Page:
• Words ending in 絵 should use "-e", such as yamato-e (大和絵) and ukiyo-e (浮世絵). Other words ending with the え ("e") sound should leave out the hyphen.
  • Regarding people, titles in Japanese are attached to the end of a name, such as "san", "senpai", "sensei" and so on. All titles must be preceded by a hyphen, such as Sakamoto-sensei or Omiya-san.

Capitalization of romanized artist and TV show names

It is a general rule on DramaWiki that we apply the principles of capitalization on romanized artist and TV show names, using the same princples English writers use. Capitalization is the process of capitalizing the first letter in a word.

It is therefore a DramaWiki policy that the rules of capitalization apply, in that all words, except for internal articles, prepositions and conjunctions, must be capitalized. All particles should be written using non-capitalization.

Romanizing katakana

The purpose of katakana is to allow for the Japanese to write gairaigo (loanwords) as close to the word's native pronounciation and spelling as possible, but also stay within the Japanese phonology.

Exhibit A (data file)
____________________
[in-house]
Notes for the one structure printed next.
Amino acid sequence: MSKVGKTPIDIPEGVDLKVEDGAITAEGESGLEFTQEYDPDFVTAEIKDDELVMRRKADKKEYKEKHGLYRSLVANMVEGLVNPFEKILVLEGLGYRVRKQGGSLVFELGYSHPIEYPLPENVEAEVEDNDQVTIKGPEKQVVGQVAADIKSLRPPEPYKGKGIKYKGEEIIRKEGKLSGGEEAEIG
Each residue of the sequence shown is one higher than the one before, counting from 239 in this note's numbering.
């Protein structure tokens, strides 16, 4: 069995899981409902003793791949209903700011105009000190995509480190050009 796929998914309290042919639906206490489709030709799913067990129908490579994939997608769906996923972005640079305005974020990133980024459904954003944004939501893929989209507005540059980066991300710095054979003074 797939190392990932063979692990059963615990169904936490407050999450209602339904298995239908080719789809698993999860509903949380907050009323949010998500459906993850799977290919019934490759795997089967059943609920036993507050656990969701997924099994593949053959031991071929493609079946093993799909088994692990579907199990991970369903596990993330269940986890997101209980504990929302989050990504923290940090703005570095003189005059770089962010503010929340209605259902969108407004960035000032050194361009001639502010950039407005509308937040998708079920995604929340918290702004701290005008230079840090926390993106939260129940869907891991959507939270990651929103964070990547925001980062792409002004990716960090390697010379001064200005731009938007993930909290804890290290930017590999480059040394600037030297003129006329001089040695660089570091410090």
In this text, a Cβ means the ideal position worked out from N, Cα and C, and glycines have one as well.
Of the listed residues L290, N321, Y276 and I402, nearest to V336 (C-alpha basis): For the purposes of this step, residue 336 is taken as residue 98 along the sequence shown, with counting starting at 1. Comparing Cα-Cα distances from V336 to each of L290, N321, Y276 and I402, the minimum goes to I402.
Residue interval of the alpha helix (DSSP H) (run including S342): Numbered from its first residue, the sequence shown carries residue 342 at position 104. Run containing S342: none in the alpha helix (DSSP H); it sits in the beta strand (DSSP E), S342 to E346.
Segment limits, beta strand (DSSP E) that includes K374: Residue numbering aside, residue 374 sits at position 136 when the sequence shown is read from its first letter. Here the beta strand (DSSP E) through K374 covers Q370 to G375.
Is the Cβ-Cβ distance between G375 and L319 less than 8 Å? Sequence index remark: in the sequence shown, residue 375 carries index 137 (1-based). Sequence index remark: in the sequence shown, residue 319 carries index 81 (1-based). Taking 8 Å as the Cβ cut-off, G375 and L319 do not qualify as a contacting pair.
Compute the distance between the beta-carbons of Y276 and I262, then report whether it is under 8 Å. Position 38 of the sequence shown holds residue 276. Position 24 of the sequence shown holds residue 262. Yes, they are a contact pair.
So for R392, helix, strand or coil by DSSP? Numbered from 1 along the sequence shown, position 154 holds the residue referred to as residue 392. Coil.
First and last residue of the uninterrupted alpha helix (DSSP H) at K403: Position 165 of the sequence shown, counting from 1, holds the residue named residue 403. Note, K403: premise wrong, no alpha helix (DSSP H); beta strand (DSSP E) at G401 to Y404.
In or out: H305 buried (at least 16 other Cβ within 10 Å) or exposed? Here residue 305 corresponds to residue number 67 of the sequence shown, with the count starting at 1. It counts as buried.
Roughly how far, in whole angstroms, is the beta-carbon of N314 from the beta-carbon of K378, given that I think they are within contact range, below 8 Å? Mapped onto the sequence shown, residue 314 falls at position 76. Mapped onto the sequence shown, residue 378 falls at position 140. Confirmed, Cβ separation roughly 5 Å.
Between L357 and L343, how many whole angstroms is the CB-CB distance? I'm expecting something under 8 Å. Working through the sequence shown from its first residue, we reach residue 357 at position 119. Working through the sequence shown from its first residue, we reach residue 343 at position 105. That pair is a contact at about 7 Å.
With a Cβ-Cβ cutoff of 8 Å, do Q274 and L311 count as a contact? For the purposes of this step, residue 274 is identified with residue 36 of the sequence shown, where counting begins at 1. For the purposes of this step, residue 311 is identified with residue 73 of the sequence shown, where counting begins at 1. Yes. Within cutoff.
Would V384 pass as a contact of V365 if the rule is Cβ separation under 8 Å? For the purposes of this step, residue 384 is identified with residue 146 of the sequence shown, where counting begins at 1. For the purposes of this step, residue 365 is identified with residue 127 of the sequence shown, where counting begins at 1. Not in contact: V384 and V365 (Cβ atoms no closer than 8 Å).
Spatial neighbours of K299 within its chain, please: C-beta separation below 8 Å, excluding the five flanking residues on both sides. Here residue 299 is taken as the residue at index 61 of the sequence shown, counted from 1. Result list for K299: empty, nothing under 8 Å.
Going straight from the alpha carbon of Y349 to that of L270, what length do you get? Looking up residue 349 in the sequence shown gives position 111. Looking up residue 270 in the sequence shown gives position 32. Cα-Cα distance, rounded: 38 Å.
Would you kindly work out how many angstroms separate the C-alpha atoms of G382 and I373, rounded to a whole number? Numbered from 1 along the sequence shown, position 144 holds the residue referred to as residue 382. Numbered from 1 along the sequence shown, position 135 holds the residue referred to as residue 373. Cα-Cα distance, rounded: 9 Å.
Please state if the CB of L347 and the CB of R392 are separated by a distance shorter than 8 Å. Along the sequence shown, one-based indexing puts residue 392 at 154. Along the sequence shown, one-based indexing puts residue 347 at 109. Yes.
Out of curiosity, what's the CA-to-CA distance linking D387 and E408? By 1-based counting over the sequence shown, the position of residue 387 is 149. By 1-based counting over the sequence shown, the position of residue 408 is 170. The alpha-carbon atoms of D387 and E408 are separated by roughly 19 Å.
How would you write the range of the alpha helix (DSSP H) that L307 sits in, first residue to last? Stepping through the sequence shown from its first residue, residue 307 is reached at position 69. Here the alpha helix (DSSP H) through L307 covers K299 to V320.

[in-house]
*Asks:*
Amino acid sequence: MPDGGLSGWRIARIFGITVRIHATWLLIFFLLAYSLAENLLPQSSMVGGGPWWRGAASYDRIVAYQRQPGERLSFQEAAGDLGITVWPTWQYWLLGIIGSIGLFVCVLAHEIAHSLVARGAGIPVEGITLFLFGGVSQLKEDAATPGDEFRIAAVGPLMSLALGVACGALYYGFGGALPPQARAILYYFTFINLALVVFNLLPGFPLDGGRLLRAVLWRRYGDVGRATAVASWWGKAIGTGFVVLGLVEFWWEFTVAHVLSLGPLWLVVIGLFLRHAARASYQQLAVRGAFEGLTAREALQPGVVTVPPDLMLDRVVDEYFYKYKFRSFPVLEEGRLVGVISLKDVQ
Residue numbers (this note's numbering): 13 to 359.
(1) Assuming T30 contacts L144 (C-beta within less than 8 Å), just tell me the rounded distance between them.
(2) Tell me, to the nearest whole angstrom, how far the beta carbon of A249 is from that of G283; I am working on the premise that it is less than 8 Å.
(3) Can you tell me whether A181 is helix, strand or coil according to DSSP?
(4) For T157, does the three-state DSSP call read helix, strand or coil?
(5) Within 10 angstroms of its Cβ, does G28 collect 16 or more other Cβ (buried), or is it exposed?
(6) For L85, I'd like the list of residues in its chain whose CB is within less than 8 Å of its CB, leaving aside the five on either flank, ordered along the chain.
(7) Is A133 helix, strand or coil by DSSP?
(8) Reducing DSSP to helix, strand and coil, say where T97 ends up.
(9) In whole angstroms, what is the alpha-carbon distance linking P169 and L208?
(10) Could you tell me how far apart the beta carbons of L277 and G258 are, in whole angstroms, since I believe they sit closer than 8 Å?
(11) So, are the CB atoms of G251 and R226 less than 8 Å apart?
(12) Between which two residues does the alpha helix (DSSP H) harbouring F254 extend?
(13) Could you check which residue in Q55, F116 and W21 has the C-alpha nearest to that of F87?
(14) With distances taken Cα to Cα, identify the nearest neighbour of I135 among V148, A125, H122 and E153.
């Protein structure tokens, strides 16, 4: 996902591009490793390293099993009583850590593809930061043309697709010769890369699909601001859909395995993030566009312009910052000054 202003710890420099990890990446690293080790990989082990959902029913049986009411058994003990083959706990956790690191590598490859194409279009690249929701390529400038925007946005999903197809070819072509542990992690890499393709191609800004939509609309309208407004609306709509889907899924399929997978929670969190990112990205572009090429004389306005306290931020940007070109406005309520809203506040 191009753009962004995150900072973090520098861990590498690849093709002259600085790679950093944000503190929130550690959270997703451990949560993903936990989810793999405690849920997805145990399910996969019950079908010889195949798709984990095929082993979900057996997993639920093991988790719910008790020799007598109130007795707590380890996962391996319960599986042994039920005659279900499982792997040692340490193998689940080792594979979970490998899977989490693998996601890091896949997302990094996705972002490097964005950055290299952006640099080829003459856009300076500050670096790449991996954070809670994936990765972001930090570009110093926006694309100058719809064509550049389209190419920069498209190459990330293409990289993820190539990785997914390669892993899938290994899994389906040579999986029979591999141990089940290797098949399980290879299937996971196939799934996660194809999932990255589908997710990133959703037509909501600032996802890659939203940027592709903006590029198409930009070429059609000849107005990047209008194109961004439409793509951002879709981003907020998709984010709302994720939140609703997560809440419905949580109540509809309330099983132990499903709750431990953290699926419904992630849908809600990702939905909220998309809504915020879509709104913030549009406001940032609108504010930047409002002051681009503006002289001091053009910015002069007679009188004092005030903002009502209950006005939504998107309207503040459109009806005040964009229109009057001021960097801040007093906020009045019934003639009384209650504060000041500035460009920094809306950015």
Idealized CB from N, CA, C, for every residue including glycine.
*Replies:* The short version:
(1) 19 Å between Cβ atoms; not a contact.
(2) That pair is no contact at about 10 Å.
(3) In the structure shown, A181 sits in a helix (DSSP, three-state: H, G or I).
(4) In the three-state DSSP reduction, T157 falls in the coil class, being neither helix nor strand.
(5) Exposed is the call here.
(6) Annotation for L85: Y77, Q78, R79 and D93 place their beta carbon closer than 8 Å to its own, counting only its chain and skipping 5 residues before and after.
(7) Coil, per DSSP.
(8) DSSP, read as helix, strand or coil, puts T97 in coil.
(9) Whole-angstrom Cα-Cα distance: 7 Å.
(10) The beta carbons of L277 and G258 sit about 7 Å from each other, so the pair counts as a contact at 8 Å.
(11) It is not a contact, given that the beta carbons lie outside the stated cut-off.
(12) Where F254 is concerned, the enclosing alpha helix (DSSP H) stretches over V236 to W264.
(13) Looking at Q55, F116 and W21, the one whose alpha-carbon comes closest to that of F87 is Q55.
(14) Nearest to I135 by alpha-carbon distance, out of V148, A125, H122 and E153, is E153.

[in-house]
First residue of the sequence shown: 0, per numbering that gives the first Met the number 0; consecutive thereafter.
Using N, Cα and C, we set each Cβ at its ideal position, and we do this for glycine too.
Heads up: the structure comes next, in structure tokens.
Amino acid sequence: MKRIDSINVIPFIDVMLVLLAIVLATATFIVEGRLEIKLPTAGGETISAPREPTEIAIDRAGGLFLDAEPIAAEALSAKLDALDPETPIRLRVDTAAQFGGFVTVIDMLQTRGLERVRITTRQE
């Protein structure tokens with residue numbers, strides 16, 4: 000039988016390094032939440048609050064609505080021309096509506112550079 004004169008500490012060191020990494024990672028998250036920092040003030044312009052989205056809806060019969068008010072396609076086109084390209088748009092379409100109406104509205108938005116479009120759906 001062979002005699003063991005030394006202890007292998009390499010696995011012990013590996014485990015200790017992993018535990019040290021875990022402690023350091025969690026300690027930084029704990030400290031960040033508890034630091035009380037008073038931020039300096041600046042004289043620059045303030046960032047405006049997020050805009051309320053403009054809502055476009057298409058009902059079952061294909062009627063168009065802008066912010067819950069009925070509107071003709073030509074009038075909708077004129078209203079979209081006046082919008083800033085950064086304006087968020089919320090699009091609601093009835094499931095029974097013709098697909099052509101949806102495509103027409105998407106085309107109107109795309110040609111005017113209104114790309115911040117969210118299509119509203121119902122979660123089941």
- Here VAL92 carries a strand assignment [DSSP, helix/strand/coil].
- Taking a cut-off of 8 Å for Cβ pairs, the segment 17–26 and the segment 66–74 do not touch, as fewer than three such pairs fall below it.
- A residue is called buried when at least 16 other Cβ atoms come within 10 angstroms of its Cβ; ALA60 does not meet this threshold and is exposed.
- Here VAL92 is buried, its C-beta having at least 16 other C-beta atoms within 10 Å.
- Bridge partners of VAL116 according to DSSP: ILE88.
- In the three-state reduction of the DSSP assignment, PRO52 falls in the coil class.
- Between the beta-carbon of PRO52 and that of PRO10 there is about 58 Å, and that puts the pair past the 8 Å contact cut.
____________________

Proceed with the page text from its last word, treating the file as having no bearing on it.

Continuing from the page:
When romanizing katakana, most non-Japanese speaking people will apply the same rules of romanization they use on hiragana and kanji (assuming the pronounciation of kanji characters can be represented by both hiragana or katakana). This practice is impractical for two reasons:

  1. It does not help those who can read katakana and are able to generate the gairaigo from it.
  2. It does not help the illiterate Japanese reader since although the conversion of katakana to romaji was technically correct, the resulting romanized loanword has no meaning to the reader.